The Clapp was born out of a deep love, and a deep frustration. Alan was the organizer for the Simon Fraser Gaming Commitee; as a naïve youth he just wanted to connect people and enjoy a nice weekend inside playing video games together — but all he found was logistical nightmares, frustrated friends, and a deep, burning desire to right these injustices.
Clapp, the Competitive LAN App, is the answer to Alan's woes; developed with his long-time friend and colleague Alexei Alexeivich Popov the Second (most commonly referred to as Alex) — together they are NumBits. The two set out to build something that would answer the majority of LAN competitors' questions within no more than 2 taps on a screen. At the same time, Alan saw that despite its simplicity, the app should never put a ceiling on what a creative organizer could put together. The app was to walk a fine line between clarity for users, and power for admins and organizers.
The back-end was designed by our two heroes in conjunction: Alan's extensive knowledge of Scala, Play and Postgres made rapid iteration easy, which allowed Alex to map out schemas that were flexible, highly normalized, and easy to work with both front- and back-end.
The design of the app was to be nerd-friendly and light: Clapp's signature dark blue (nickname Flawed Azure) was a choice that took several hours of guesstimating hex colour-codes to discover, combining the dark themes of many a code-editor and the crisp contrast it provides on white. Elegant, large type in the San Francisco typeface is used widely in the app, with several derivatives of Flawed Azure being used to visually separate more important information.
By now you might be wondering "why Flawed Azure?". Well, to be completely honest with you, dear Reader, it's because Azure is Flawed. The first hurdle Alan and Alex had to overcome was that of lacking documentation, external ports, internal ports, and other things that sound like they belong on submarines. The two put their heads together and wept, as help from Microsoft did not save the day. At our heroes' darkest moment, a light went on somewhere in the dark, and using a little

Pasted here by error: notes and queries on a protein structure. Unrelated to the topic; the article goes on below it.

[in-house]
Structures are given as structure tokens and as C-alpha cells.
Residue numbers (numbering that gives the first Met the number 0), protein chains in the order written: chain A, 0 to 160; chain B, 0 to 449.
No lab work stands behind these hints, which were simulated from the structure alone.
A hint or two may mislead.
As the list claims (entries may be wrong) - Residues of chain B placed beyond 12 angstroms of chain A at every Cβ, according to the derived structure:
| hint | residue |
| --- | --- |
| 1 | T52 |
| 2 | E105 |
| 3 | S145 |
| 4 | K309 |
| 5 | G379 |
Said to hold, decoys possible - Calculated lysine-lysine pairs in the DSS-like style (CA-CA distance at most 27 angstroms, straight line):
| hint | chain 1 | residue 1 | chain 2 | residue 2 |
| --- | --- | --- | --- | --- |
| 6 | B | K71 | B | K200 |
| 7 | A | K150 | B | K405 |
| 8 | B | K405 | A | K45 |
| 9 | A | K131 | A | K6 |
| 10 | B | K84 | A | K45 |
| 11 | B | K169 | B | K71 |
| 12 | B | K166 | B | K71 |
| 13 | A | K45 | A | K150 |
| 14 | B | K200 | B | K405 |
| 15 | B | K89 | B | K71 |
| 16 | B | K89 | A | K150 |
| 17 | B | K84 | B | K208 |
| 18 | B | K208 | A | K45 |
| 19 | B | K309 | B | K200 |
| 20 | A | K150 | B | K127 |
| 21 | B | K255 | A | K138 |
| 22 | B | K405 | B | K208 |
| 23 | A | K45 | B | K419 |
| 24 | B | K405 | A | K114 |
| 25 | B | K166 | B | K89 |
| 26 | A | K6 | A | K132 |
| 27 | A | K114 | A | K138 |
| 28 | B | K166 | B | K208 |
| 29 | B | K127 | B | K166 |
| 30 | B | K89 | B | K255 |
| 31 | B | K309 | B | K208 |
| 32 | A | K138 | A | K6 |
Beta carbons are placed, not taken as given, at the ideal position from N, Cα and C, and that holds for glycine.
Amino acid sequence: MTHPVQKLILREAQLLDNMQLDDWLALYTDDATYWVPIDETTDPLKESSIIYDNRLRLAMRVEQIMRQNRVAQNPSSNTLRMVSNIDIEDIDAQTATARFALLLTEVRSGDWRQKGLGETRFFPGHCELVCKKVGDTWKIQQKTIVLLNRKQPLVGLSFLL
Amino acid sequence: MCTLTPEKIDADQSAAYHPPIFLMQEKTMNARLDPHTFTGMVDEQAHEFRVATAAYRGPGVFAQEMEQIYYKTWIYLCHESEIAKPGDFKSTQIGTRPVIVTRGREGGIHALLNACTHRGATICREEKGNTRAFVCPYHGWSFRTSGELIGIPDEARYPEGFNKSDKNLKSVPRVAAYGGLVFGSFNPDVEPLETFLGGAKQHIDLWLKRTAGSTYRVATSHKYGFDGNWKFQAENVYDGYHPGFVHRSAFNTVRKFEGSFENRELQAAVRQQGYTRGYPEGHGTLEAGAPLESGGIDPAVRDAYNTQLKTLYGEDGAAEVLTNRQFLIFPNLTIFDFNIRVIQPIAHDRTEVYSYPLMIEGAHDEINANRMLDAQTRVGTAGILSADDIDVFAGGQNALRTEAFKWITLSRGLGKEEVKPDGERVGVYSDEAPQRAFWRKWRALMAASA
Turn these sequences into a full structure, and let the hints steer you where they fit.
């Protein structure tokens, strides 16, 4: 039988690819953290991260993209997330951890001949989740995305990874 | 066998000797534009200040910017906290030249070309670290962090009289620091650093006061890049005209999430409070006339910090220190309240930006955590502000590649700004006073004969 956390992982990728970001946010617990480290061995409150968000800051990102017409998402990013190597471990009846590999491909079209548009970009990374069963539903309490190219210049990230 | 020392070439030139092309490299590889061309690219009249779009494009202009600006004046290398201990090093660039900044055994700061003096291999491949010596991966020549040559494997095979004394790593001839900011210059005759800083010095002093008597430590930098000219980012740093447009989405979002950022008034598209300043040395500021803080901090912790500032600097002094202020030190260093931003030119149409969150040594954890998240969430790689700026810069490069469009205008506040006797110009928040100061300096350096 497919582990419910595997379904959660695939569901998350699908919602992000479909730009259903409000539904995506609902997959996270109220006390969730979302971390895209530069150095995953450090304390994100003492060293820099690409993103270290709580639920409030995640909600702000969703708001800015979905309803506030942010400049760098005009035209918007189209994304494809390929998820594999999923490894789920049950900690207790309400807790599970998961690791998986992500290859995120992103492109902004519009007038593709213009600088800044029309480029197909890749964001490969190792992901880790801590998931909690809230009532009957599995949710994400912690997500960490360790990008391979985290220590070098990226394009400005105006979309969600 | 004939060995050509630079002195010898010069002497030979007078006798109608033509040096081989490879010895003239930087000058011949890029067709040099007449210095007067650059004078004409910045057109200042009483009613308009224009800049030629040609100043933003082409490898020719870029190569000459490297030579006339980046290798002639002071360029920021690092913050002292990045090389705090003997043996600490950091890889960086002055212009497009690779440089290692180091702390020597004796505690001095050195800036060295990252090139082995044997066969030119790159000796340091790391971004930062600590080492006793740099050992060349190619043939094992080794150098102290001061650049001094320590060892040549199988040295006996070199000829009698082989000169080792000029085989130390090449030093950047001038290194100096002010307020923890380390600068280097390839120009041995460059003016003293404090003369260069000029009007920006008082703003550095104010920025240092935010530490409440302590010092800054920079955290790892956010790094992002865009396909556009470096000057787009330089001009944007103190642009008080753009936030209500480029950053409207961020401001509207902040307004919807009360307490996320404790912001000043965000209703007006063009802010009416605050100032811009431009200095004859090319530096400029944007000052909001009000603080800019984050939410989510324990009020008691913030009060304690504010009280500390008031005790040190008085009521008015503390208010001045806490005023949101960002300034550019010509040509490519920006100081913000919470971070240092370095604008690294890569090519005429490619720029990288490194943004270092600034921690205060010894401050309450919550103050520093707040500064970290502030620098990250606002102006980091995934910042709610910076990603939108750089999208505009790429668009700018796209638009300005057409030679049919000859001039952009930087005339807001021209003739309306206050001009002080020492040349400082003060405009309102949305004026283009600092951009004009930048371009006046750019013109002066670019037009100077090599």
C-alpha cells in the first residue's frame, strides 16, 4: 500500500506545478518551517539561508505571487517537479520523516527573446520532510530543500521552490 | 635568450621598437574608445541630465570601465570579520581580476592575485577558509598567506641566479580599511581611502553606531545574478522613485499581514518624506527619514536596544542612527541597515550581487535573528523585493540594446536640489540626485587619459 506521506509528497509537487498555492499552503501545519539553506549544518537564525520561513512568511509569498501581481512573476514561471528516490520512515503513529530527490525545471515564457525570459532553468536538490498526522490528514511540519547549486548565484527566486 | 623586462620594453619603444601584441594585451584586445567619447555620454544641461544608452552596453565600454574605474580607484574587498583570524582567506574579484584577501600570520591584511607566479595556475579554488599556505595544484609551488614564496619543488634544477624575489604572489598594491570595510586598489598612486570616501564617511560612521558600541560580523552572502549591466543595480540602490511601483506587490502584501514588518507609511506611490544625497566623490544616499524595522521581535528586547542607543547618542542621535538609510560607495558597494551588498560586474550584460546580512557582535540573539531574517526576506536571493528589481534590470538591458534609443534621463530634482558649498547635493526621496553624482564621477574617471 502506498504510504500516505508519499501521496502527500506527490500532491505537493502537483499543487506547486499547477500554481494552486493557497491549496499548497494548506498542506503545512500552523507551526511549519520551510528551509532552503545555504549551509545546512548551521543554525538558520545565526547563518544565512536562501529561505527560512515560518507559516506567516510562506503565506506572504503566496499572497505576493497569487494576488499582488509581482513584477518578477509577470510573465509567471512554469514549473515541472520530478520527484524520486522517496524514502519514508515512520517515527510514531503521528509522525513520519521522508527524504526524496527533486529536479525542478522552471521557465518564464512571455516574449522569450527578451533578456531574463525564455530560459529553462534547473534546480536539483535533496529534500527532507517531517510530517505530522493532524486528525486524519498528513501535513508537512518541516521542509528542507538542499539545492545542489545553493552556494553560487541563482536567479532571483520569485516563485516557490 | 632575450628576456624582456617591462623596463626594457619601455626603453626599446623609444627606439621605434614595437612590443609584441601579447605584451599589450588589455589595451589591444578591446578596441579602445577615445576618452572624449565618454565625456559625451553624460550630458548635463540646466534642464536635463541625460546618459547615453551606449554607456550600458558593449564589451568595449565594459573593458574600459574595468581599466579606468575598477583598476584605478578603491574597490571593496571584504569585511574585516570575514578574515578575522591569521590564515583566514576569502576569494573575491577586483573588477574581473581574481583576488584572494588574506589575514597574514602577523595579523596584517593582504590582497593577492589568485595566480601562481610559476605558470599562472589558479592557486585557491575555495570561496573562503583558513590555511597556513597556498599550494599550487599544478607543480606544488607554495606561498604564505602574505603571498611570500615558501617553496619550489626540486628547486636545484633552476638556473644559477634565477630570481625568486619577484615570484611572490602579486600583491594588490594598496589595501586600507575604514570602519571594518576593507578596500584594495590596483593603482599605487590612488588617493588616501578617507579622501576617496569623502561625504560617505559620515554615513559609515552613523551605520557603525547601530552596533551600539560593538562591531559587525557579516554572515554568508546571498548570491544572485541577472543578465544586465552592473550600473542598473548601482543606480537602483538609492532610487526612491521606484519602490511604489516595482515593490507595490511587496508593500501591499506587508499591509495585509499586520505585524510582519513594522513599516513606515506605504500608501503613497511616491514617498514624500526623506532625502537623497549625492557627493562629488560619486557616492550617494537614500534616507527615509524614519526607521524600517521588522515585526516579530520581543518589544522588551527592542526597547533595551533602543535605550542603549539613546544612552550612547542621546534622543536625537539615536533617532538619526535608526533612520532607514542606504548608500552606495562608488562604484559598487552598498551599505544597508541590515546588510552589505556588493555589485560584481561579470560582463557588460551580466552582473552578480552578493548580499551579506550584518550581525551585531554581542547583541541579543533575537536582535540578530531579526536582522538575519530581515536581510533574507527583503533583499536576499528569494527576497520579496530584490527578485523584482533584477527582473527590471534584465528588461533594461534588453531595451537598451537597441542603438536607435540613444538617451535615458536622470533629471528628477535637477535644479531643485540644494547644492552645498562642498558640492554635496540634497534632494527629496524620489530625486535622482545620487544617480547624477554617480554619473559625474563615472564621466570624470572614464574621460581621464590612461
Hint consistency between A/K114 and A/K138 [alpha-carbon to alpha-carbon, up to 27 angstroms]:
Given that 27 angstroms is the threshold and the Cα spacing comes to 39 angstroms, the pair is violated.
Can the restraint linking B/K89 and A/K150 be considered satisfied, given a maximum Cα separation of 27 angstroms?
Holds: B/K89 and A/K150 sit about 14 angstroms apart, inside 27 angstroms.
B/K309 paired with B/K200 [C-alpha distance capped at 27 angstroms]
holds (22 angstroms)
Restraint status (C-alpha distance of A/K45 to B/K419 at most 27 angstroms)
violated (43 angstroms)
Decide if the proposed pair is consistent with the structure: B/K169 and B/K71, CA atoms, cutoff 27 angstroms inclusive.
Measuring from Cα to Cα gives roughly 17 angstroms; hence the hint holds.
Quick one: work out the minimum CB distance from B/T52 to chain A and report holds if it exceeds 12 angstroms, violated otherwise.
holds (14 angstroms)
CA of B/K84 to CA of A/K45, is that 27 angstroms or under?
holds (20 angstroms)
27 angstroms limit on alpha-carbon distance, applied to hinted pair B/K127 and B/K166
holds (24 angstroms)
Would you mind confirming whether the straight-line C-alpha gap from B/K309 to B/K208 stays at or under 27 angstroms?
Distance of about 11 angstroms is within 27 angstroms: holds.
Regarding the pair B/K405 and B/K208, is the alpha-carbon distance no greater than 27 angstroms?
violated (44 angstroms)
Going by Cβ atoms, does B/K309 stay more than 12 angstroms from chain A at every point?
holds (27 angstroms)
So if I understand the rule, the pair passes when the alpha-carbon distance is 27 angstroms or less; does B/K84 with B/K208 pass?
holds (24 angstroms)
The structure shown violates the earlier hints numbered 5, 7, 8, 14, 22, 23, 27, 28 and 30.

ifconfig magic the two formed a connection between Clapp and Server, without using Azure at all.
But the night was dark and full of terrors as each developer fought the demons of his respective platform. Swift's type-safety made working with JSON tedious and error-prone, but Alex pushed on. Through the fire and flames Alan carried Clapp, as conflagrations erupted on server cores with every new constraint and business requirement. And finally, seven hours after the setting of the sun, they reached the calm — the eye of the storm, if you will — wherein smooth sailing was restored, and the two young men, as if mad, broke out into fits of laughter over the conversations they heard around them. It was each developer for themselves, in that overly-lit room, and as sleep-deprivation-induced babel made its way through the campus #OH and #nwhacks2016 made their way through the interwebs.
The two did not sleep; but neither did they see the sun rise. The last day of their journey together was dark and grey, and their agile fingers did not type quite as quickly as they once had. Cognitive load and sore necks took over. Alex briefly nodded off and face-desked, waking up several other people in the room. It was a trying time to the finish line, but one our protagonists faced with wisdom and preparedness; they had seen what nwHacks was capable of, and they were prepared to take it on.
And it's through their friendship, and mutual dream of an easier way of organizing LAN Competitions, that the two are here today, to bring you Clapp.